by Pablo Ghenis
It all started in relative obscurity, a persistent protest on Wall Street with a catchy name. A few progressive talk show hosts started asking why the rest of the media was ignoring this event, even though it had grown larger than the Tea Party rallies they covered so diligently in 2009-10. Good question. Could it be that the establishment was feeling vulnerable, after witnessing the Arab Spring? How could that be? The US isn’t like that, Americans haven’t rebelled that strongly since the Vietnam Era, it’s not done any more, right? Wrong…
Early on, we watched with interest as the Occupy Wall St. protest grew too big to ignore. As the Occupy Wall St. movement grew, the establishment switched from indifference to ridicule, a definite sign of concern. The Arab Spring seemed to be going global. This could be the ultimate irony, considering that some observers of the commodities markets noticed that Wall St. traders had speculated heavily on wheat futures in the year before the Arab Spring, unconcerned or unaware that wheat is the main staple of the Arab diet, causing the price to double, and leaving many poor families unable to feed themselves. They say a man will risk his life to fight the powerful the day he can no longer feed his family, and so it was in 2011. If Occupy Wall Street was inspired by this, then it is a boomerang that was thrown two years ago by Wall Street itself, and now it has returned to hit them in the back of the head.
Many of us felt beaten down in this crash. There was obvious and shameless wrongdoing, yet the culprits were rescued from their own recklessness, nobody went to jail, and then they turned around and victimized the people all over again. The game was rigged! Like losers at a casino, we collectively gasped at the outcome, and protested to no avail that It was Wall St. that had gambled and lost.
The Occupy movement arrived in San Jose as it spread like wildfire from Wall Street to the entire world. It was a confusing proposition, a leaderless movement, with clear complaints but taking its time to articulate specific demands, a non-partisan big tent of ideas meant to accommodate the 99% that got cheated by a lot of the top 1%. Some friends thought I had lost my mind to take a break from my more traditional activism, mostly Latino voter registration, to jump into this new concept. Yet, it was irresistible.
From the Wall St. theme, it was obvious that eventually the demands would have to include financial transparency, return of the old regulatory protections in some updated form, an end to perverse incentives that reward selling doomed deals that blow up after the huge December bonus is paid, claw-backs to recover such fraudulent earnings, some plank that pushes for people to get compensated for creating value rather than for tricking people, etc. One could see a core that people would all see as common ground. If we could stay focused, we could change the world.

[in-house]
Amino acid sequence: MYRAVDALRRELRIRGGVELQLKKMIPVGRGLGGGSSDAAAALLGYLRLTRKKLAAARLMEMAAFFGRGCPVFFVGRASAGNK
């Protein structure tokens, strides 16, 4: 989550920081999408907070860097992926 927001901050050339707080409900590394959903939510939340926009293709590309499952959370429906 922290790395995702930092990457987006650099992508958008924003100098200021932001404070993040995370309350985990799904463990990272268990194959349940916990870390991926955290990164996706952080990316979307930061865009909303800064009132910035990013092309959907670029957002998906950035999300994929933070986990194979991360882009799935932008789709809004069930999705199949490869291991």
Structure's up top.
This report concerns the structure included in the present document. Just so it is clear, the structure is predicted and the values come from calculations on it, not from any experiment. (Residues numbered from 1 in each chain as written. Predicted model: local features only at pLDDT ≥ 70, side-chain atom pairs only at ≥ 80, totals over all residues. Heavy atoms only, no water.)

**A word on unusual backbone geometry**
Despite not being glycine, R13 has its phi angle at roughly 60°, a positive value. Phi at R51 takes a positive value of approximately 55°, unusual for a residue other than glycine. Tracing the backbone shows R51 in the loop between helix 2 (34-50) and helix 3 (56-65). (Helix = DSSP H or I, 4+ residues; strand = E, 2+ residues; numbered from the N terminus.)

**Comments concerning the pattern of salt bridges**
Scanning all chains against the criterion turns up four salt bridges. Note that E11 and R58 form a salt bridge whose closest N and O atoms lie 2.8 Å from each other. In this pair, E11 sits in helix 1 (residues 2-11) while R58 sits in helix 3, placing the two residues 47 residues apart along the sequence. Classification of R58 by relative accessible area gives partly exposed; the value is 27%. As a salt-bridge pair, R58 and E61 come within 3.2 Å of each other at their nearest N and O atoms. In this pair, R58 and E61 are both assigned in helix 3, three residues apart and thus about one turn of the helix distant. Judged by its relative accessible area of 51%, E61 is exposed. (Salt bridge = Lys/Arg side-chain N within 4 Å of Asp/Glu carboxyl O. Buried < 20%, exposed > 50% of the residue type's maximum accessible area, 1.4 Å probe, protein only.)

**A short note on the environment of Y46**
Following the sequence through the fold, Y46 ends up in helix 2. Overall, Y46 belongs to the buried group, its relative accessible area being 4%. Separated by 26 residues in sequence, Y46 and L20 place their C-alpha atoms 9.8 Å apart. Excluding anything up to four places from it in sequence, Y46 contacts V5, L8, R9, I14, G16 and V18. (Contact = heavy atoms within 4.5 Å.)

Ah, the big tent! I never thought a tent could carry so many meanings. The big tent politically has room for all of the 99%. The dome tents as a symbol of occupying our common space. Tents as a symbol of free speech. Tents as shelter remind us that housing was used as the main instrument of financial mayhem.
For the big tent to work, literally embracing the entire political spectrum from big-government to no-government, we would all have to be very restrained about our previous/outside political affiliations. Partisanship or co-option inside the Occupation is the one thing that can tear us apart. It’s not that we’re not supposed to have a political past when we arrive, it’s simply that we leave it at the door, like taking off our shoes before entering a home. It could be poor form or provocative to flaunt a partisan symbol from any party. The same goes for conversations or statements that are personal or partisan enough to draw a response from someone from the other side of the partisan divide. If someone does go there, the hardest thing is to bite your tongue and NOT try to rebut like you would do in the “normal” world. The best response is to say “We probably disagree about that last statement. Lets not spend time on topics that can divide us, how about talking about the really important stuff that unites us?”. Yeah, I know, how hippy-dippy lovey-dovey does that sound like? Can people from two parties talk to each other that way? Yes, it happens, it feels really weird the first couple of times, and then you get used to it. Congress could learn a lot from us right there.
This drive to seek the common ground gets into you after spending some time at Occupy San Jose. Not that there haven’t been a lot of rough spots (I’ll leave that for another article), but one of our better moments was when we build some supportive ties with Latino groups, by precisely focusing on issues that were common goals for both movements.
Can Occupy really change the nation, and the world? It already has, by causing the national debate to shift from cuts to jobs. It has put the focus back on simple common sense values like compensation for creating value rather than fraud. It has given political cover to politicians who want to promote the right values, because they can point to this people’s uprising. Going forward, my hope is for Occupy to change the world’s direction through a platform, being a watchdog, and changing the people in government as needed, in an orderly and peaceful way, to bring fairness to our societies.
People have written many reasons on large sheets of paper for joining Occupy San Jose. My answer was a one-liner: Who would have thought that I’d see the start of a world-changing revolution, and that it would land 5 blocks from my apartment?
by Pablo Ghenis